The point just made is not one of presently due interpretation and application of §§ 600.2921, 600.2922 and 702.115. That will arise when a substantial sum, over and above the amount recovered for pecuniary injury, has been realized for conscious pain and suffering, and for extensive-expensive medical care and hospitalization; the fatally injured decedent having lingered painfully and consciously for days, weeks, or months prior to demise. The specific point made is that, under the successive majority opinions of Jordan, all damages recoverable under the wrongful death statute regardless of the remaining rightful distributees thereof are lost once the decedent's widow decides to seek and does obtain an award of workmen's compensation in her own exclusive right.

The following conclusions of law, each based steadfastly on the proposition that this Court should look to the intent of the legislature when called upon to apply a statutory provision or provisions, are submitted for professional consideration.

A. The powers and authority of the Workmen's Compensation Department must be found within the four corners of its mother statute. Nowhere in that entire statute is there any provision which authorizes the department to issue an order of redemption which, by proviso or "no prejudice" language, saves for determination by another forum issue whether the injured employee was engaged in the course of his employment at the time of injury, or issue whether that injury arose out of such employment. This is not to suggest, of course, that *359 the department attempted any such super-jurisdictional judgment. It did not, as its § 412.22 order of redemption plainly discloses. That order speaks the adjudication of the department; not the ambages of counsel before the referee. See Appendix "B," post at p 362.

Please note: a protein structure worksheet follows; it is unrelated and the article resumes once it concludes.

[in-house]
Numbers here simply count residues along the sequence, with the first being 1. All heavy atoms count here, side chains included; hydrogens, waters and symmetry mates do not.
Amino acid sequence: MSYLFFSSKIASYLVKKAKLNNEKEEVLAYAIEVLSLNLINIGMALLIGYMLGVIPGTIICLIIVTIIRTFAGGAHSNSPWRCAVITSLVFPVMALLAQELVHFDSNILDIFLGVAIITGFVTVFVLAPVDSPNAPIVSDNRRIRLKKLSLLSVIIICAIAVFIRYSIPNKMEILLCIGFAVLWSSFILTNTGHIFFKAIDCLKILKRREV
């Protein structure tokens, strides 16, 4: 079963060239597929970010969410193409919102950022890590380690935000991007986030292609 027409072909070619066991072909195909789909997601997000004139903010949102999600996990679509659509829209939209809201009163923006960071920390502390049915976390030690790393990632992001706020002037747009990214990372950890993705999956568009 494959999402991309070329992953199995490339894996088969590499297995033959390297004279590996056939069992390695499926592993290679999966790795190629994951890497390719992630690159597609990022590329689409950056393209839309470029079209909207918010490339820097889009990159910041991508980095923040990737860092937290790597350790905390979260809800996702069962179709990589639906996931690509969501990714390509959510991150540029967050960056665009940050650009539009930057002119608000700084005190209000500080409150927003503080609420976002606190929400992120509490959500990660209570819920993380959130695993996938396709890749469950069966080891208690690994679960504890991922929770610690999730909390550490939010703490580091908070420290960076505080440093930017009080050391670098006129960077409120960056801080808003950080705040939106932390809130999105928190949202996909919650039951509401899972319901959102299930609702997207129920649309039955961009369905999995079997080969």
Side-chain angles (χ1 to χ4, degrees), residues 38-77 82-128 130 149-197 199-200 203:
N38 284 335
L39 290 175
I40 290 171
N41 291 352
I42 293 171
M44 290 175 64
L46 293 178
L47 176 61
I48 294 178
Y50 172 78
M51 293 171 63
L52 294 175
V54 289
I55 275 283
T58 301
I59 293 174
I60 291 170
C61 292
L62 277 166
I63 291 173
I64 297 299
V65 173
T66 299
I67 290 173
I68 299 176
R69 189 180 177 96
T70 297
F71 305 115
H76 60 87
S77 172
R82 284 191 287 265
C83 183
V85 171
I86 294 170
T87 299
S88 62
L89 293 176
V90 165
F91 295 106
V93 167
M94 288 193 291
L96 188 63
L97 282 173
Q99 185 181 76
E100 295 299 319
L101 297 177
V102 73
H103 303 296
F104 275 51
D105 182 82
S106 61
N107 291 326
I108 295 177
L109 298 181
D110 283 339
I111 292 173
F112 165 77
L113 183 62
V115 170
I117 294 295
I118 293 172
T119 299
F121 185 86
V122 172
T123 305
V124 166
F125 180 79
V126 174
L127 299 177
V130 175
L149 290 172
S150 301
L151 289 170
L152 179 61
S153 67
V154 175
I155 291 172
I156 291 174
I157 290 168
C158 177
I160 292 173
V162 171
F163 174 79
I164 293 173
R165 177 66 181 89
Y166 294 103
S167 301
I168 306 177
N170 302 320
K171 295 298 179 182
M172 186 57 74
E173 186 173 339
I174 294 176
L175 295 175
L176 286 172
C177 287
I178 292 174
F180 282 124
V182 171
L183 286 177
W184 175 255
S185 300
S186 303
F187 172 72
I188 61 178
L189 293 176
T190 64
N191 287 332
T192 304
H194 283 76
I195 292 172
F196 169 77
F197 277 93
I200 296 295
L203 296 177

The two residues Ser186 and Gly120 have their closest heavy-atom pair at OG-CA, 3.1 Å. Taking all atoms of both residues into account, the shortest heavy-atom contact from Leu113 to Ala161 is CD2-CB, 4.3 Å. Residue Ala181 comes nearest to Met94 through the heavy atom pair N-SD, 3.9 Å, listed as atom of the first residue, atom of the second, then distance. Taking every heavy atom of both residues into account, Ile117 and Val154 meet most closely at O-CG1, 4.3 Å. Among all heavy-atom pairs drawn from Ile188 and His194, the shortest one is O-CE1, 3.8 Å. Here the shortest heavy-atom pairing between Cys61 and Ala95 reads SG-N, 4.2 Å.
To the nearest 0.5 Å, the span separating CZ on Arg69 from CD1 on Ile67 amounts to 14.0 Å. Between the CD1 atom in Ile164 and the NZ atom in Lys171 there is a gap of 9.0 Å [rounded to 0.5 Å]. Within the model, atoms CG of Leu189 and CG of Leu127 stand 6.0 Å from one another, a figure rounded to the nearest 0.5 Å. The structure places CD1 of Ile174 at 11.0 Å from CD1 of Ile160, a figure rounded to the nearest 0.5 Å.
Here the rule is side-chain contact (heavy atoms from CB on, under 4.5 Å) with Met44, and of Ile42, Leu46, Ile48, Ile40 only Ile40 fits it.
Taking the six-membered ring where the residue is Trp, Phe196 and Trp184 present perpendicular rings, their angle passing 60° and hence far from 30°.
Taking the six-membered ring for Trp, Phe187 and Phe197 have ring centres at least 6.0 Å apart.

B. Our hornbooks tell us that no one may lawfully mulet another twice for the same injury. Here the dependent widow of a fatally injured workman has sought and received in her own right, with departmental approval entered strictly in accordance with § 412.22 aforesaid, a compensatory award that was redeemed and fully paid. As between the widow and the defendant employer that settled her status. She legally became a statutory dependent of the decedent, entitled as such to the dependency benefits received by her under § 412.22. She is as much ineligible now, as an alleged pecuniarily injured survivor of her husband, as if she had been judged contributorily negligent in bringing about the traffic accident which caused his fatal injuries[3] or, indeed, as if she had voluntarily settled with the employer and had given to it her own outright release of liability. By the impact not only of § 412.22 but of § 416.1, Mrs. Bugg has received satisfaction in full from her husband's employer, defendant Fairview Farms, Inc., for the fatal injuries suffered by him.

C. Holcomb v. Bullock (1958), 353 Mich 514, cited by the majority as supporting its holding that the sum paid Mrs. Bugg was merely "tantamount to a voluntary payment," is hardly in point. After defendant Bullock's insurance carrier had paid, pendente, compensation benefits in the total sum of $735.75 (of which $415.75 was represented by accrued hospital and medical bills), the issue of compensable *360 injury went to full hearing and determination before a departmental referee. He denied compensation. The appeal board affirmed on ground that "plaintiff was an independent contractor rather than an employee of defendant at the time of the accident."